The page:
M: Why in the world are we not looking at this boat?

S: It’s out of our price range.

M: I don’t care. I want to go look at this boat.

Mike takes us to see Maker’s Mark. It is gorgeous! I love, love, LOVE this boat. It is clean and well-cared for, a turnkey boat. But, it is pricey and even in as good of shape as it is, we think it’s a little overpriced.

We keep looking. We aren’t discouraged. This is part of the process. We’re learning what I like, but we are not finding anything I like better than Maker’s Mark.

We make an offer. Yes, we can spend more on Maker’s Mark up front because we’re not going to spend as much fixing her up. Our offer is rejected. Our counter offer is rejected. We are not getting Maker’s Mark.

We keep looking, and we’re looking for a Cal. We’ve learned what I like.

We ask Mike to show us a 1986 Cal 33 that is also for sale in Oriental. He says it doesn’t show well compared to Maker’s Mark but we still want to see it. The boat needs some cosmetic work but, structurally, it’s in good shape. It doesn’t smell bad and it’s not filthy. Her owner had plans to fix her up, but unfortunately, he got sick and passed away before getting much done. Having seen how good Maker’s Mark looks, we know this boat can look as good or better. Our offer is accepted and despite two tows during sea trials, we purchase her on March 22, 2014.

Second tow of the day. Life's always an adventure with Steve Fisher.
Second tow of the day. Life’s always an adventure with Steve Fisher.

We start fixing FNR up. Some things have to be fixed…NOW.

Air conditioner dies. New Marine Air HVAC system installed.

Our Electro Scan Waste Treatment System cracks on first flush. We replace it with a Raritan PHC Manual Toilet. (I wanted an electric toilet but believe it or not, I don’t always get what I want.) We also replace all the raw water intake lines and the “outtake” hoses are replaced with 5 year guarantee odor free sanitation hose that is so expensive that we order it by the foot. (Steve is tired of hearing me complain about the things I smell.)  A new holding tank and Whale Gulper Toilet Pump completes that project.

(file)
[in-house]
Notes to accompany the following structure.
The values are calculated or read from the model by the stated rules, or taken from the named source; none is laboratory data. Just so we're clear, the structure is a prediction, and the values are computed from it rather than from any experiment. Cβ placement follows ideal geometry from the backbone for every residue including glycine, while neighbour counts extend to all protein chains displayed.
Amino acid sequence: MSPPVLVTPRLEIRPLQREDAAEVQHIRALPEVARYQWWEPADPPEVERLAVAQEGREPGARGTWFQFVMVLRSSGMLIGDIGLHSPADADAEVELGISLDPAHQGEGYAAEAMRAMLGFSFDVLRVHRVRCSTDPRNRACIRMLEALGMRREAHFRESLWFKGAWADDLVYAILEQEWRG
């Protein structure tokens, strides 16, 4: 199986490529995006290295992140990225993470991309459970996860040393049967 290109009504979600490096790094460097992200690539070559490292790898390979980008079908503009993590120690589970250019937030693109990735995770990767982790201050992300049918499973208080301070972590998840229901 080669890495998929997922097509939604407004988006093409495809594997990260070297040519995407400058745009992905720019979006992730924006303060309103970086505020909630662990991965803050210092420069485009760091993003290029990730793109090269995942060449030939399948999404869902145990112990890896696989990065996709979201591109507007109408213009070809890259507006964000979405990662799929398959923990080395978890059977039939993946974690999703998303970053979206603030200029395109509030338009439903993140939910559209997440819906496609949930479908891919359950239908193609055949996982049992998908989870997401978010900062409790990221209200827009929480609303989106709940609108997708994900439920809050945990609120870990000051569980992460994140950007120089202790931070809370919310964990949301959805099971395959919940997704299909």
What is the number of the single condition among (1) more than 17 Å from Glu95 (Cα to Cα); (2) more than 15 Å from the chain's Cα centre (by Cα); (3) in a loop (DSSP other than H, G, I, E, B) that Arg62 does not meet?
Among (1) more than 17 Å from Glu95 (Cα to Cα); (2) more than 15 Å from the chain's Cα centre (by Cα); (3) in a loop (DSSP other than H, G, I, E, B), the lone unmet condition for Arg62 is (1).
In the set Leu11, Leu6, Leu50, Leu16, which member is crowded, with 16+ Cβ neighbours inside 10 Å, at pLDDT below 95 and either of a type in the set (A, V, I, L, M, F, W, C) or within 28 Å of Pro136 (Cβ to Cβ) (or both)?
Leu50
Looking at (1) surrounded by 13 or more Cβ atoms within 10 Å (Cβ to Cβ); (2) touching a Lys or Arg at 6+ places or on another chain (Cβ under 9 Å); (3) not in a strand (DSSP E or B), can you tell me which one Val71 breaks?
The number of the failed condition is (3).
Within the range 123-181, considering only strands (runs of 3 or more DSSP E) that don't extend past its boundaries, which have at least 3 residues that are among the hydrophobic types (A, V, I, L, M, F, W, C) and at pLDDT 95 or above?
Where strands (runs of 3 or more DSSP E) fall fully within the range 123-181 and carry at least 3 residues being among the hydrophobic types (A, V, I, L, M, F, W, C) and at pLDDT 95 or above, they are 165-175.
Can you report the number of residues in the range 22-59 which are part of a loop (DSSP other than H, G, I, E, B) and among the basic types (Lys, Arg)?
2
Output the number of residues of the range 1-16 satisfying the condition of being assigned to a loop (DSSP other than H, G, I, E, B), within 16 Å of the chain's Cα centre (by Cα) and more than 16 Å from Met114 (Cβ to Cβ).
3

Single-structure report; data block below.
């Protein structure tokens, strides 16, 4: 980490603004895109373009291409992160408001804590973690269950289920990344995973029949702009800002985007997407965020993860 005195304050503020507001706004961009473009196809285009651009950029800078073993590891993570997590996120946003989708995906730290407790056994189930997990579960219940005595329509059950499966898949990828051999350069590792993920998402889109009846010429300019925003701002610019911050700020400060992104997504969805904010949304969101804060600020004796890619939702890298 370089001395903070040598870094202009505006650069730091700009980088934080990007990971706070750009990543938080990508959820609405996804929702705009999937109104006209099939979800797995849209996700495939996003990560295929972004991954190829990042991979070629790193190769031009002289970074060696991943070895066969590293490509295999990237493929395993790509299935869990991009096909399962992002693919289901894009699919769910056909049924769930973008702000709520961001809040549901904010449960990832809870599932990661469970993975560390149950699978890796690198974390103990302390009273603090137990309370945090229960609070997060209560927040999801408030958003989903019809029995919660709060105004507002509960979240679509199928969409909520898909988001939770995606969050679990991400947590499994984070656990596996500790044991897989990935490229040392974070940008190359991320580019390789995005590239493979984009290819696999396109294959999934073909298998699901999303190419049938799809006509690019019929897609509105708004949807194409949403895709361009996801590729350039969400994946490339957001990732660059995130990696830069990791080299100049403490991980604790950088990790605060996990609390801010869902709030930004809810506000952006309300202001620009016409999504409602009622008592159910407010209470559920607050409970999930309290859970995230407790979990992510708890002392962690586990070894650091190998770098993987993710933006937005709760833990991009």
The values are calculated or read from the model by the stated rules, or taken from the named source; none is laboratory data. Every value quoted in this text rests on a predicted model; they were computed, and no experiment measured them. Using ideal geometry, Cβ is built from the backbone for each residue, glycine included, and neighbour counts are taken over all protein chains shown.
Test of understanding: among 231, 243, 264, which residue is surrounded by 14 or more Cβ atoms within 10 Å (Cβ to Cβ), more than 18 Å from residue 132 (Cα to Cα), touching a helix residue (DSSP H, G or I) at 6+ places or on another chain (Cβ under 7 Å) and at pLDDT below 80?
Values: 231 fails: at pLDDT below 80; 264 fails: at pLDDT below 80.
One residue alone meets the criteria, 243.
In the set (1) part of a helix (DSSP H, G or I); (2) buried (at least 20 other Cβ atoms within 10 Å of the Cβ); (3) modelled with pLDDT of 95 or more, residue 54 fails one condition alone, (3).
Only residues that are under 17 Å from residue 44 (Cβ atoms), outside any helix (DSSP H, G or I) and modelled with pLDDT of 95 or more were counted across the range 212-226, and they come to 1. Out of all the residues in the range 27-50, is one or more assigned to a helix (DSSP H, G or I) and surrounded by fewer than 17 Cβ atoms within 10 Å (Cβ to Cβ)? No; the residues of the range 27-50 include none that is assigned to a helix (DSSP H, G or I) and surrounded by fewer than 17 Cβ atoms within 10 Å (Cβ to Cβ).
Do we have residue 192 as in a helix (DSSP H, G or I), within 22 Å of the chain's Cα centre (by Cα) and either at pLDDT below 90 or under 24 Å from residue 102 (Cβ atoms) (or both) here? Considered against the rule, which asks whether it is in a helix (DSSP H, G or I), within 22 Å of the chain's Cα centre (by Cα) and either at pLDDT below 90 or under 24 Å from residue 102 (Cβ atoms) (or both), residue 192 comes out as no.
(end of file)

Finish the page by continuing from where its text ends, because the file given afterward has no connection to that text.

If you’re wondering what the Whale Gulper Toilet Pump does, check out this video. It’s rather long so feel free to fast forward to 2:56 for the Virtual Poop Experiment. You will be impressed.

Now, we get to work on our “want-to-do” list.

Boat gets hauled so the bottom can be painted. I clean. Steve and his brother use Fiberglass Reinforced Wall Panel to make a new headliner.

No headliner.
No headliner.
New headliner. Well done, boys. Very well done!
New headliner. Well done, boys. Very well done!

I clean. We make a new V-berth mattress. Two 3” layers of foam glued together and topped with 3” of memory foam. Very comfy. I clean. We make a new mainsail cover and bimini. Sailrite has great how-to videos! I clean. Floors get sanded and polyurethaned.

All shiny!!
All shiny!!

I clean. Water tanks are taken out, and surprise, cleaned. All water lines are replaced so the tanks can stay clean. Steve installs a Raymarine autopilot, chartplotter, and sailing instrument package. They are integrated so they talk to each other. (I don’t understand all of that yet but it sounds good.)  Steve is determined that we are NOT going to drag when we anchor out so we add a Rocna anchor.  And, of course, there’s the recently completed head and galley renovations.

It took us a while to find her and we are still working on her, but FNR is the perfect boat for us. She’s fast. She’s safe. She’s clean. She’s home.

Learning to Putter

My father was a putterer. I used to think that he wasted lots of time puttering, doing mindless things and that he spent an inordinate amount of time doing them. But now, I think that what he was actually doing was being mindful. Daddy lived life in the present moment and intentionally enjoyed simple things. Simple things like a nightly bowl of ice cream gave him great joy.

I don’t remember the exact sequence of events but I do remember that Daddy’s nightly bowl of ice cream WAS an event.  I imagine that this mindful process started before dinner, with Daddy getting his bowl out of the cabinet and sitting it on the kitchen countertop. I imagine him glancing at that bowl sitting on the countertop during dinner. It’s not a furtive, anticipatory glance. It’s matter-of-fact. Yes, ice cream bowl, I see you sitting there on the countertop. You are not distracting me. I am enjoying my dinner.

Yes, ice cream bowl, I see you sitting there.
Yes, ice cream bowl, I see you sitting there.